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Europe, part 4: Treviso and Asolo

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By Jamie Daugaard Contributor

TREVISO – After I left Germany, the next stop was the Veneto region surrounding Treviso, Italy. Treviso, also known as the city of art and water, is a large town in northeastern Italy, close to Venice. The Romans built this walled “fortified” city in 89 BC. Today, its beautiful urban fabric still has many historic architectural monuments.

Reminiscent of Amsterdam, Treviso has narrow rambling streets and alleys, meandering waterways and circular radiating walkways. These arteries are punctuated by large open Piazzas, green spaces that are a delightful contrast to the narrow alleys.

I stayed close to the city center and Piazza dei Signori. Meaning Lord’s Square, this expanse of daylight and open space was built adjacent to the 12th century Palazzo (palace) bell tower. The Palazzo’s streets were built on a perfect human scale, and its walls, 100-foot tall tower, three main gates and moat are all still intact. Its cobbled streets were filled with people, shops, coffee houses and cafes.

Large Bourgeois houses lined the walkways outside the Palazzo. Walking past these, I noted their signature repeating windows and arched openings, interesting chimneys, cobbled pathways, arcaded walkways, articulated wood or stone balconies, and the many clay tile roofs covered with lichen and weathered colorization.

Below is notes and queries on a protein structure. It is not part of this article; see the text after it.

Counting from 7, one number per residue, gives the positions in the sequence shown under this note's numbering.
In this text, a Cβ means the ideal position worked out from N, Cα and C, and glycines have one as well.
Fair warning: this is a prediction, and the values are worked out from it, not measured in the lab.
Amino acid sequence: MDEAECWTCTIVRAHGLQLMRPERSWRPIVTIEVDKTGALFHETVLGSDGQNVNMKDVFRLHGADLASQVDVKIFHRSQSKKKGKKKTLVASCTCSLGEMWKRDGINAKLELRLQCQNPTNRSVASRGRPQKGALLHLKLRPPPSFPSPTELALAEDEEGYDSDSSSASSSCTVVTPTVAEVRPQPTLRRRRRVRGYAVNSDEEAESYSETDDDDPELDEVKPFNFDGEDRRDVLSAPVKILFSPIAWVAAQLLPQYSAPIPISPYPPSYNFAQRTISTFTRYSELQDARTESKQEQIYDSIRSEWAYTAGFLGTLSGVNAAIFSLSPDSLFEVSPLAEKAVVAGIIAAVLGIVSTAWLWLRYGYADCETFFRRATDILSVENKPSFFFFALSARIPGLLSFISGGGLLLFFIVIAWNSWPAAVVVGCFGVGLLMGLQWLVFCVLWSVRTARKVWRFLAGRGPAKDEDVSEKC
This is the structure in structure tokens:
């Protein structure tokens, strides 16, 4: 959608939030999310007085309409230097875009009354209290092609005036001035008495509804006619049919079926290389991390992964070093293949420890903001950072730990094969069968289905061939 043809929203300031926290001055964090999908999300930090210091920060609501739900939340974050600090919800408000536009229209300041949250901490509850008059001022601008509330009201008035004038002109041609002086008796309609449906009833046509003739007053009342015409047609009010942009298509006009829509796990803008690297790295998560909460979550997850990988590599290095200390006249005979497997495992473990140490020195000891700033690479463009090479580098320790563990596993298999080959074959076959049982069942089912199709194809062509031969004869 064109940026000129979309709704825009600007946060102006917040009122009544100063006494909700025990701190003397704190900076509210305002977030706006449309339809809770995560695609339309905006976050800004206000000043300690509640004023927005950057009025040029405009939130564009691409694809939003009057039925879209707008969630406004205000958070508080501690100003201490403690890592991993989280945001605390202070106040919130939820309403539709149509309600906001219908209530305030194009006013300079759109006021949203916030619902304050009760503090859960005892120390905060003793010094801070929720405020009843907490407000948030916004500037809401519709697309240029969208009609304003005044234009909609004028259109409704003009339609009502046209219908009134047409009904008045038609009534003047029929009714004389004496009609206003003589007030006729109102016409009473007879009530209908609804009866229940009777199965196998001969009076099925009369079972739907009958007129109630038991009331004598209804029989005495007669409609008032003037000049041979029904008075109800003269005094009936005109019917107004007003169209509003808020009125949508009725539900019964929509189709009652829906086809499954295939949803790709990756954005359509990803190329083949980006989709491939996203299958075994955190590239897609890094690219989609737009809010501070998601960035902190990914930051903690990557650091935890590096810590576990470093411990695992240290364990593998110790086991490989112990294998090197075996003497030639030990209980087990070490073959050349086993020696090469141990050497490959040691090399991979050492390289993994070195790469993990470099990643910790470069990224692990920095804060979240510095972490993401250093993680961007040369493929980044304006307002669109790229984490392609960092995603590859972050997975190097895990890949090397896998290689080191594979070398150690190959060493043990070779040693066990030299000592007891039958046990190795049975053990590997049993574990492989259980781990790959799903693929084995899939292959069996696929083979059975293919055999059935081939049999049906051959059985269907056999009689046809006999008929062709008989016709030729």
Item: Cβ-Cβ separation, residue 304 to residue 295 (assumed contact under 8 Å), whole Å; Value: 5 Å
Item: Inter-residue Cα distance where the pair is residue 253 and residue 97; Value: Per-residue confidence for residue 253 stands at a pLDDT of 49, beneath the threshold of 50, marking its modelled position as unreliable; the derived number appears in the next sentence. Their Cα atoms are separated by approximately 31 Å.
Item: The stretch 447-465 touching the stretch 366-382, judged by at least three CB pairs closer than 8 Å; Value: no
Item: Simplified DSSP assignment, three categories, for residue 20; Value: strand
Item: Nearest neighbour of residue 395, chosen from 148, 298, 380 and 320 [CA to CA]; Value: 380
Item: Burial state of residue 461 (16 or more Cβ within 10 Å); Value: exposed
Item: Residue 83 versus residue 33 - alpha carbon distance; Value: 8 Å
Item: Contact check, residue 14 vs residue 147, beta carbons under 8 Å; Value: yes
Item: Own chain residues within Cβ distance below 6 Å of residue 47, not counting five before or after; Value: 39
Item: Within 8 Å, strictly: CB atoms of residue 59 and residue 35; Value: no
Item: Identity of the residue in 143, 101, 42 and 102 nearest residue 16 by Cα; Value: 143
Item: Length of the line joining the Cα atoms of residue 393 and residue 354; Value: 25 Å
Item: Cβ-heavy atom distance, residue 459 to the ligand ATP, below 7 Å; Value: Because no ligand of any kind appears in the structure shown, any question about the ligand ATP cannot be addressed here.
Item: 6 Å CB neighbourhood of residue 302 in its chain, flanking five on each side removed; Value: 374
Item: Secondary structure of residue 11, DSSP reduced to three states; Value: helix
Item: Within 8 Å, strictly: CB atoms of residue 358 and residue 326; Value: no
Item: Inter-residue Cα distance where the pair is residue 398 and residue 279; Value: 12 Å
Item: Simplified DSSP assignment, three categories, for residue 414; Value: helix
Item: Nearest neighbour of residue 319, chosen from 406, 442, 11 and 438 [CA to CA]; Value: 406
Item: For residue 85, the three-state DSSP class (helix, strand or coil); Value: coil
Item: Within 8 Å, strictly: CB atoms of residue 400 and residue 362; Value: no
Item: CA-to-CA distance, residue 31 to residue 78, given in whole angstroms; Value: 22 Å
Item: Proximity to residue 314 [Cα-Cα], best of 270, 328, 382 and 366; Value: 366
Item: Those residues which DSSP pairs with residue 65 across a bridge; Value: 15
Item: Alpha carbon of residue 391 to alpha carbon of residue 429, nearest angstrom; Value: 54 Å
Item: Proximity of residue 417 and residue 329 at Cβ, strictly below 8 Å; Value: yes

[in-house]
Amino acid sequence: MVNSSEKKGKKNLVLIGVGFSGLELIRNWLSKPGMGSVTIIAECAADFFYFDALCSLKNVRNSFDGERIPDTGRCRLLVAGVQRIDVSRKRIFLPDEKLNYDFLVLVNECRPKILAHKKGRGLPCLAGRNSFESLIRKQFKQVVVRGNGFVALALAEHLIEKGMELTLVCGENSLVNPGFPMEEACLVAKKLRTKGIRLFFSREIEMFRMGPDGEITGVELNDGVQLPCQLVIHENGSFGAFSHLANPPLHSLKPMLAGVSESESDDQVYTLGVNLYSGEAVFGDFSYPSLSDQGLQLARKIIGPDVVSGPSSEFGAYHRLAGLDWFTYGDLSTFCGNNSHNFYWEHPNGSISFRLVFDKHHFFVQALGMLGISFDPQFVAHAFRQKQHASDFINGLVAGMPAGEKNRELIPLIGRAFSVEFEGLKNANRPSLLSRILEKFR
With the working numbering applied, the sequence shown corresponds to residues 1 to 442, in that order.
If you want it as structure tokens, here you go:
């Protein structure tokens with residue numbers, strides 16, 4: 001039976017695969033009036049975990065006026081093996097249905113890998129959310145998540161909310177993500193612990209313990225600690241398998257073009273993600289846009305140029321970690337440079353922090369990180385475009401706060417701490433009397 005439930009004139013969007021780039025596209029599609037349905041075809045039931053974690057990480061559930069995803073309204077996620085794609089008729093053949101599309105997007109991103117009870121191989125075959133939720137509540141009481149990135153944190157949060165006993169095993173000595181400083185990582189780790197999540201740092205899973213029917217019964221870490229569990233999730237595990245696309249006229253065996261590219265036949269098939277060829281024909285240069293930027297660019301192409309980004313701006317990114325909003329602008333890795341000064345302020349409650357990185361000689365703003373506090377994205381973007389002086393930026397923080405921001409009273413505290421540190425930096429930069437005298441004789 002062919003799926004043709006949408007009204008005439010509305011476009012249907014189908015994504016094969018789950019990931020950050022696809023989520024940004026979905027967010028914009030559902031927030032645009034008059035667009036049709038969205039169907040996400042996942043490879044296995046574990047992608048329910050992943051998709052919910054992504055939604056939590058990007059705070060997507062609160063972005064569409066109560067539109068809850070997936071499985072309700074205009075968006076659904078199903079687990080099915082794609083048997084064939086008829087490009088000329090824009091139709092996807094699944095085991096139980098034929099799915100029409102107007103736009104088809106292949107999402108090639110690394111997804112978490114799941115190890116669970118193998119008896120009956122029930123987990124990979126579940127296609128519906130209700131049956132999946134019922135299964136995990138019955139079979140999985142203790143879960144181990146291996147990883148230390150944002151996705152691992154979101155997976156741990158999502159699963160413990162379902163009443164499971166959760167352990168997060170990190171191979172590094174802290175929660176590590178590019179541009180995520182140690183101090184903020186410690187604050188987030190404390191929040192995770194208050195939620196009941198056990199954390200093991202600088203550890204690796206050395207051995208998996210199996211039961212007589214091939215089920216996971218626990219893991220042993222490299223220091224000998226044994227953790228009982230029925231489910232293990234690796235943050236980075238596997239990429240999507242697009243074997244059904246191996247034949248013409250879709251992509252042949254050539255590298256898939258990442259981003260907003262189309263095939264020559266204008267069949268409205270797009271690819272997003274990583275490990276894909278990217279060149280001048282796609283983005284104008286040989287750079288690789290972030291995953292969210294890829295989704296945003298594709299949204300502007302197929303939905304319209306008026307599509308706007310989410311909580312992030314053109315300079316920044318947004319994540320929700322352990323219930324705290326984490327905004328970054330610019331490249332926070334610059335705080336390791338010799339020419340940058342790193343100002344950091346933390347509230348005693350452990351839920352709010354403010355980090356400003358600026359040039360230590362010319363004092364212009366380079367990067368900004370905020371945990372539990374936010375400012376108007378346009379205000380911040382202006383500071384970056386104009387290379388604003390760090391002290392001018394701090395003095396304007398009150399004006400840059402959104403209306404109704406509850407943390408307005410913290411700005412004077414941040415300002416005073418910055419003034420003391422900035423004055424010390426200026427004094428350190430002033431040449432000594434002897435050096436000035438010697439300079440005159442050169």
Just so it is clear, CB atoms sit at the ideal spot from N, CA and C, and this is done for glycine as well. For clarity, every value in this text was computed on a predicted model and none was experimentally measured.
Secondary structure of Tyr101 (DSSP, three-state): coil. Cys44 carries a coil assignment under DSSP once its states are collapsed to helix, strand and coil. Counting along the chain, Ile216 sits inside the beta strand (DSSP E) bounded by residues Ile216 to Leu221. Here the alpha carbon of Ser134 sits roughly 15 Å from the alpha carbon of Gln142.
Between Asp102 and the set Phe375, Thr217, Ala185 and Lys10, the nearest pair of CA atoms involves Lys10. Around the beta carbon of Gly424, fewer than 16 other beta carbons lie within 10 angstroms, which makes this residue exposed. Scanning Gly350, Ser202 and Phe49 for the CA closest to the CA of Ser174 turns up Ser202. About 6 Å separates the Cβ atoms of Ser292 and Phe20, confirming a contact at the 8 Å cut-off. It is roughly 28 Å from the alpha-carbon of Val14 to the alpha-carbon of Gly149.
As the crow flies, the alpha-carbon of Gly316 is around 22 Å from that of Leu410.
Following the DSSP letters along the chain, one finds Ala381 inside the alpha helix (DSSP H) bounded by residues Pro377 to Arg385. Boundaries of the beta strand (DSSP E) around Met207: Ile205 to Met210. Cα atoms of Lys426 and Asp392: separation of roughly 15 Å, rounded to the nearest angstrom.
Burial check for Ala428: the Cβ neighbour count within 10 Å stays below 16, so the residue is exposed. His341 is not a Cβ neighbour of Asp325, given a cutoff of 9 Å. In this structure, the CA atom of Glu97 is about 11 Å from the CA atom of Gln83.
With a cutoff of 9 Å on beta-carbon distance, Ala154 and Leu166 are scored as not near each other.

In the Veneto region, brick, cut stucco and rubbled stone behind the stucco were prominent building materials. Timber was a secondary material, mainly visible on the interior for roof support.

I found the churches here equally fascinating to those I saw in northern Europe, but different. They have fewer openings and articulated details, but elegant colors, textures, spires and domes. Many of the domes, such as Duomo San Pietro, were made of copper and added another color to the city’s vibrant tones.

From Treviso I ventured northwest to the small town of Asolo. Another walled town in the Dolomite Mountains, Asolo is nicknamed “the city of a hundred horizons,” referring to its mountain setting.

Hundreds of years of historical construction, remodels, rebuilds and landscaping were dominant throughout the town. The architectural style tended more toward simplicity, and the sense of historic charm was everywhere. The walkways were often very narrow, with tall Bourgeois houses looming on each side—something I would see amplified in Venice.

The efficient use of limited space in Treviso and Asolo was very evident, making the interior spaces in both towns interesting and cozy. That was also the reason exterior terraces, patios and the use of the Piazzas became so dominant.

Of all the places I visited in this European trip, I was most drawn to Asolo.

Jamie Daugaard, principal of Centre Sky Architecture, received his B-Arch and M-Arch from Montana State University. Sustainability is deeply rooted in his work, which is mostly located in mountain regions with offices in Denver, Colo., and Big Sky, Mont. If you would like to comment on this article or would like to learn more about another topic, you can contact him at or (406) 995-7572. For more images of this European trip, visit

Megan Paulson is the Co-Founder and Chief Operating Officer of Outlaw Partners.

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